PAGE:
While I was in the city, I heard that Dr. Zavitska, a Polish woman about 50 years of age and who had been a known anti-Semite, had survived. I was told that she wished to see me.

I discovered her address, and we met. She was gravely ill, and a short time afterwards she died from a malignant tumor. In a voice choked with tears, she told me – as an eyewitness – of the annihilation. She described the involvement of the Ukrainians in the mass murder, and told me of the disgraceful role Dr. Yaborovski played in the slaughter.

But she wanted, in particular, to mention the greatness and heroism of the unfortunates in their last moments of life. Engraved in her memory was the appearance, full of Jewish national pride and remarkable courage, of the teacher, Yosef Avrech, may his blood be avenged. That Jew, said Dr. Zavitska, revealed supreme, exalted, and heroic spiritual strength and raised the morals of the Jews to new heights that daunted the hangmen. This tormented Jew, an amputee, whose prosthetic arm the murders had removed, walked proudly upright to his death.

According to her testimony, the Jews of the city walked proudly, adorned with a halo of courage, towards

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death. In this majestic parade towards annihilation, the eternal values of Judaism and the ethics of the people of Israel were revealed.


The Horrific Actions of Dr. Yaborovski, may he rot in hell

Dr. Yaborovski was considered, so to speak, to be a friend of the Jews. He was the only non-Jewish doctor to work in the Jewish hospital. However, “friend” in his case had the meaning: “God protect me from my friends”…When permission was given to the destroyer, the monster lying dormant deep within his Jesuit soul awoke.

His “fine actions” were described to me by Dr. Zavitska as these: since he was considered a friend, many Jews entrusted him with their wealth, in gold, money, and jewelry - until the fury should pass.

When the fighting ended and the city was liberated from the hands of the impure, a few of the depositors approached Dr. Yaborovski and asked that he return the valuables they had left in his care. But he ignored their claims and did not return anything to them. More than that, he heaped derision and scorn upon the Jews, abused them with curses and insults, and told the Jewish doctors, his colleagues: “For generations you ate our flesh, and sucked our blood like leeches. Now your time has come. Now an end is put to your vile people.”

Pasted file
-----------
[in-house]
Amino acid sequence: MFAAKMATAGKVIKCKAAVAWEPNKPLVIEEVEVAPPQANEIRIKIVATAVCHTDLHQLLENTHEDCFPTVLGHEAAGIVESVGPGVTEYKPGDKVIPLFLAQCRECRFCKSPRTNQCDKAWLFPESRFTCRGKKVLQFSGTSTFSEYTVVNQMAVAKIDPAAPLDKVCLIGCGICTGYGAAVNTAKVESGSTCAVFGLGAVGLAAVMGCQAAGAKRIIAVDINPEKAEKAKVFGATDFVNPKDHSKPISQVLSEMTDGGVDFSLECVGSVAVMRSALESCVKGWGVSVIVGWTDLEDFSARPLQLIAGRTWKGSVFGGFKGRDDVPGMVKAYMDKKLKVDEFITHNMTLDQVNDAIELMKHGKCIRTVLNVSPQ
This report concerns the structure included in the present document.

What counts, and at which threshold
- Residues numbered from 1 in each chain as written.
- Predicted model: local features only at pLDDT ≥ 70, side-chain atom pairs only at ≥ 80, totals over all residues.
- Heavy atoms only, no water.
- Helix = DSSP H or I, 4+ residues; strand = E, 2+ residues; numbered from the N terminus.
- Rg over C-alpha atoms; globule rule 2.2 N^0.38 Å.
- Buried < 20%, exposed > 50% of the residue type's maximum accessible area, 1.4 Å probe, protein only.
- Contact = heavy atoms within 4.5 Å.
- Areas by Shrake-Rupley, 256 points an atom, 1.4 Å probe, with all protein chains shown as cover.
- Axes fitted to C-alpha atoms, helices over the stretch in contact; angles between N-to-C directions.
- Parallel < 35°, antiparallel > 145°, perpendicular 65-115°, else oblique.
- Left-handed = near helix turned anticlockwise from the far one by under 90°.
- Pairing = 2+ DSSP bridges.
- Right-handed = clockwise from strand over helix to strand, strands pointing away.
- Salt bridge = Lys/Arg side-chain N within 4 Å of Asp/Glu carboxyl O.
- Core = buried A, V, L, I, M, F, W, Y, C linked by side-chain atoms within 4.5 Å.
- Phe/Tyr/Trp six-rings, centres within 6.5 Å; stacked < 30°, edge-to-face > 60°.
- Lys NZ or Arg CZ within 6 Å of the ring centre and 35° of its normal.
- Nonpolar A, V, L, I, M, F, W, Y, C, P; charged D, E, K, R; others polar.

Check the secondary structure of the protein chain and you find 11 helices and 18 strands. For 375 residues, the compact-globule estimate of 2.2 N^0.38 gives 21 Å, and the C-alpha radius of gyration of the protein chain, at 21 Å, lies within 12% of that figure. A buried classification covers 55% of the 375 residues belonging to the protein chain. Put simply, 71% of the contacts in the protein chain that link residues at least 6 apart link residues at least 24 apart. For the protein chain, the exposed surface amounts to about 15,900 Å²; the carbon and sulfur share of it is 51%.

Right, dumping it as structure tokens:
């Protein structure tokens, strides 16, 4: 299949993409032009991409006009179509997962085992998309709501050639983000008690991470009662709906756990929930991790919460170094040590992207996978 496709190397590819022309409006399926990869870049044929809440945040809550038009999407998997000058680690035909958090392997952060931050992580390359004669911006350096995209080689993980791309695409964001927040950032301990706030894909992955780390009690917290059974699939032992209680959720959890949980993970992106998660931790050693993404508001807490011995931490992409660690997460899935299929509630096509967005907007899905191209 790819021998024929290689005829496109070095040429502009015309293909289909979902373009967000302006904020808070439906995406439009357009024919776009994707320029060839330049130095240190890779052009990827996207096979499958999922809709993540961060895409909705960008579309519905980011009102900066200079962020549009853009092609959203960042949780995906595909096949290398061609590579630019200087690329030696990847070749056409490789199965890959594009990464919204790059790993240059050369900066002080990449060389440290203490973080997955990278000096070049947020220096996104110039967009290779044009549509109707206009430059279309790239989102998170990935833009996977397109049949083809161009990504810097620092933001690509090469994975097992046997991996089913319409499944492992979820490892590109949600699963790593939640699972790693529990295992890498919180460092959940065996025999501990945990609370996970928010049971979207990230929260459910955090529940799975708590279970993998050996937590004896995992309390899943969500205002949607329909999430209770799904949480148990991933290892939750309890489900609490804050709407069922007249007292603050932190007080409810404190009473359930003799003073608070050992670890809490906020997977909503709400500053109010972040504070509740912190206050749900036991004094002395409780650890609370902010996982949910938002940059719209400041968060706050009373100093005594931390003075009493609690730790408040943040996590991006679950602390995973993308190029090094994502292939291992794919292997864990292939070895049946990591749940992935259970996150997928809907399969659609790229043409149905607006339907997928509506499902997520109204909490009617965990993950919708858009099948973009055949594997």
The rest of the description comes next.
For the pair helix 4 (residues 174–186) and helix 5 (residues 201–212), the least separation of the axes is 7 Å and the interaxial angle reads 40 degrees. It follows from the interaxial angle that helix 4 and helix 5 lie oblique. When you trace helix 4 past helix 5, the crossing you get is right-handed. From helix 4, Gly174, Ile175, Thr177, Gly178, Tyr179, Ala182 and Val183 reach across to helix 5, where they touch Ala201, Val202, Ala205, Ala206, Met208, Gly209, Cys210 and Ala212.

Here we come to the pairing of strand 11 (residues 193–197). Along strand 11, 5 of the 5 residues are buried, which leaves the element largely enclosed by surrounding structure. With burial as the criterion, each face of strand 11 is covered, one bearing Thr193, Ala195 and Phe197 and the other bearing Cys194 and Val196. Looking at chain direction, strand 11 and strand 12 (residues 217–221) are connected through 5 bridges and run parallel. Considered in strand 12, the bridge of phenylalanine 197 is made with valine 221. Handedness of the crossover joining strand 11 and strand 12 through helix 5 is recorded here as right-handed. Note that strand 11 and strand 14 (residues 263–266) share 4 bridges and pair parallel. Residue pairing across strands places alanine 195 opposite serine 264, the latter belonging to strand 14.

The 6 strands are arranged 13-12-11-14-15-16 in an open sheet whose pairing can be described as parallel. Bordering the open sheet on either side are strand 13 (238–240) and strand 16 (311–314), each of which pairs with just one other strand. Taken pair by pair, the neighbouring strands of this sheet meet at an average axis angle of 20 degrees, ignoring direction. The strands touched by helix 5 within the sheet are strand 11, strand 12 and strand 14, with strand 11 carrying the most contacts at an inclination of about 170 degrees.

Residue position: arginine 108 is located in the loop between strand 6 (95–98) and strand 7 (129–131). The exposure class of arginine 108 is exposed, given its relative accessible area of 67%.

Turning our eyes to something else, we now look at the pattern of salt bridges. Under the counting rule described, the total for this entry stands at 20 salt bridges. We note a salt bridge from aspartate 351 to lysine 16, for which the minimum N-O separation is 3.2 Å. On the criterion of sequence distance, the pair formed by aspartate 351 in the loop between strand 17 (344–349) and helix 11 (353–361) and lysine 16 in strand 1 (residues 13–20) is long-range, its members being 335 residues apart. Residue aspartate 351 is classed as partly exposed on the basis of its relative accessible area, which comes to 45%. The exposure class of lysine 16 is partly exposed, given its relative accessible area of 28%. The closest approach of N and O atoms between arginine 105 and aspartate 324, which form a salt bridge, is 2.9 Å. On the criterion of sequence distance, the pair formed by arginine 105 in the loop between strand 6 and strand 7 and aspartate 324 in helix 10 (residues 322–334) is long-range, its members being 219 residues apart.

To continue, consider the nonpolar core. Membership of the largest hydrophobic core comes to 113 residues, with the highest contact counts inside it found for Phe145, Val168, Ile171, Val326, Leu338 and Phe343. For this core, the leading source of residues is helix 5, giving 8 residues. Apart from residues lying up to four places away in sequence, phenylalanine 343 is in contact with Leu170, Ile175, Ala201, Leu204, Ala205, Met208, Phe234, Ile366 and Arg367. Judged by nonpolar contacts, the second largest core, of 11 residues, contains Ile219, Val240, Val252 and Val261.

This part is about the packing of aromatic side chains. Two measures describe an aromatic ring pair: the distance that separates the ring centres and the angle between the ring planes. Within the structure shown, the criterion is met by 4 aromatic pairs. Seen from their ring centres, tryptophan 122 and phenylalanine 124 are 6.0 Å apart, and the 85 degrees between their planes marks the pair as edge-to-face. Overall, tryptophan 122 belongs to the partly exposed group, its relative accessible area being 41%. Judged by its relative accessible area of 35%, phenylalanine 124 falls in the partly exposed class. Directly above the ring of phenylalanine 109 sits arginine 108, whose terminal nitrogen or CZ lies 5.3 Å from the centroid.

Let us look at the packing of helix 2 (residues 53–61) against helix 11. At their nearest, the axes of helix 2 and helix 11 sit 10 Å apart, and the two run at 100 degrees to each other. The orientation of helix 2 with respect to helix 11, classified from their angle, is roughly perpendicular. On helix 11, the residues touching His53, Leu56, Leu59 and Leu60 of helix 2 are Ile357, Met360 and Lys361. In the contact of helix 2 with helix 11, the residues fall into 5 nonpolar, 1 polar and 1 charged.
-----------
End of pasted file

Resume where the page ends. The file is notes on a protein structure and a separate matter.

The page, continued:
Dr. Yaborovski openly justified the Nazis' acts of annihilation.


Meetings with Kovel Doctors in Russia

At various times and occasions, I had the opportunity to meet with the Jewish doctors of our city, those who took their chances and were able to escape before the arrival of the Nazis, and thus were saved from the Holocaust.

Dr. Weitman: He was a senior physician, a specialist in dermatology. He worked in the Jewish hospital and was one of its managers. He lived in a private, two-story house, which stood next to the jail.

During the war, I met with him for the first time in Kiev, in 1941. It was in the morning, after the heavy bombing of the Darnytsia railway station in Kiev. Dr. Weitman had been drafted into the Russian Army and on his journey with the other draftees the convoy was bombed, claiming many victims.

When I met him, he was very upset. He had had a long night of wandering. Seizing the opportunity, I struck up a brief conversation with him. He didn't have much time, because he was hurrying to his unit, from which he had become separated.

In late 1944 I met him for a second time when I was in Rovno. On his way west,

[Page 506]

Dr. Weitman arrived in that city with his unit, and when he learned from the Jews he happened upon along his way that I was in Rovno, he asked to speak with me.

It was one of my saddest duties to tell him of the devastation of Kovel, of the complete destruction of his house, and of his family - not a single one of whom had survived. As he listened, the doctor cried bitter tears like a small child. This meeting was also brief, for he was forced to head out to the front with his unit.

At our parting, I revealed to him that I was of a mind to cross the border and immigrate to the Land of Israel. Dr. Weitman was thrilled and grateful for this revelation, and said that he also wished to do the same even though it wasn't exactly the simplest thing to manage since he was afraid to desert the Russian Army.

I have not seen him since then. I heard that he had gone with his unit to the front in the direction of Czechoslovakia.

Dr. Chachnovich: He was a senior doctor in Kovel, a cultured man who was involved with people and active in public life. He was a specialist in internal medicine and pediatrics.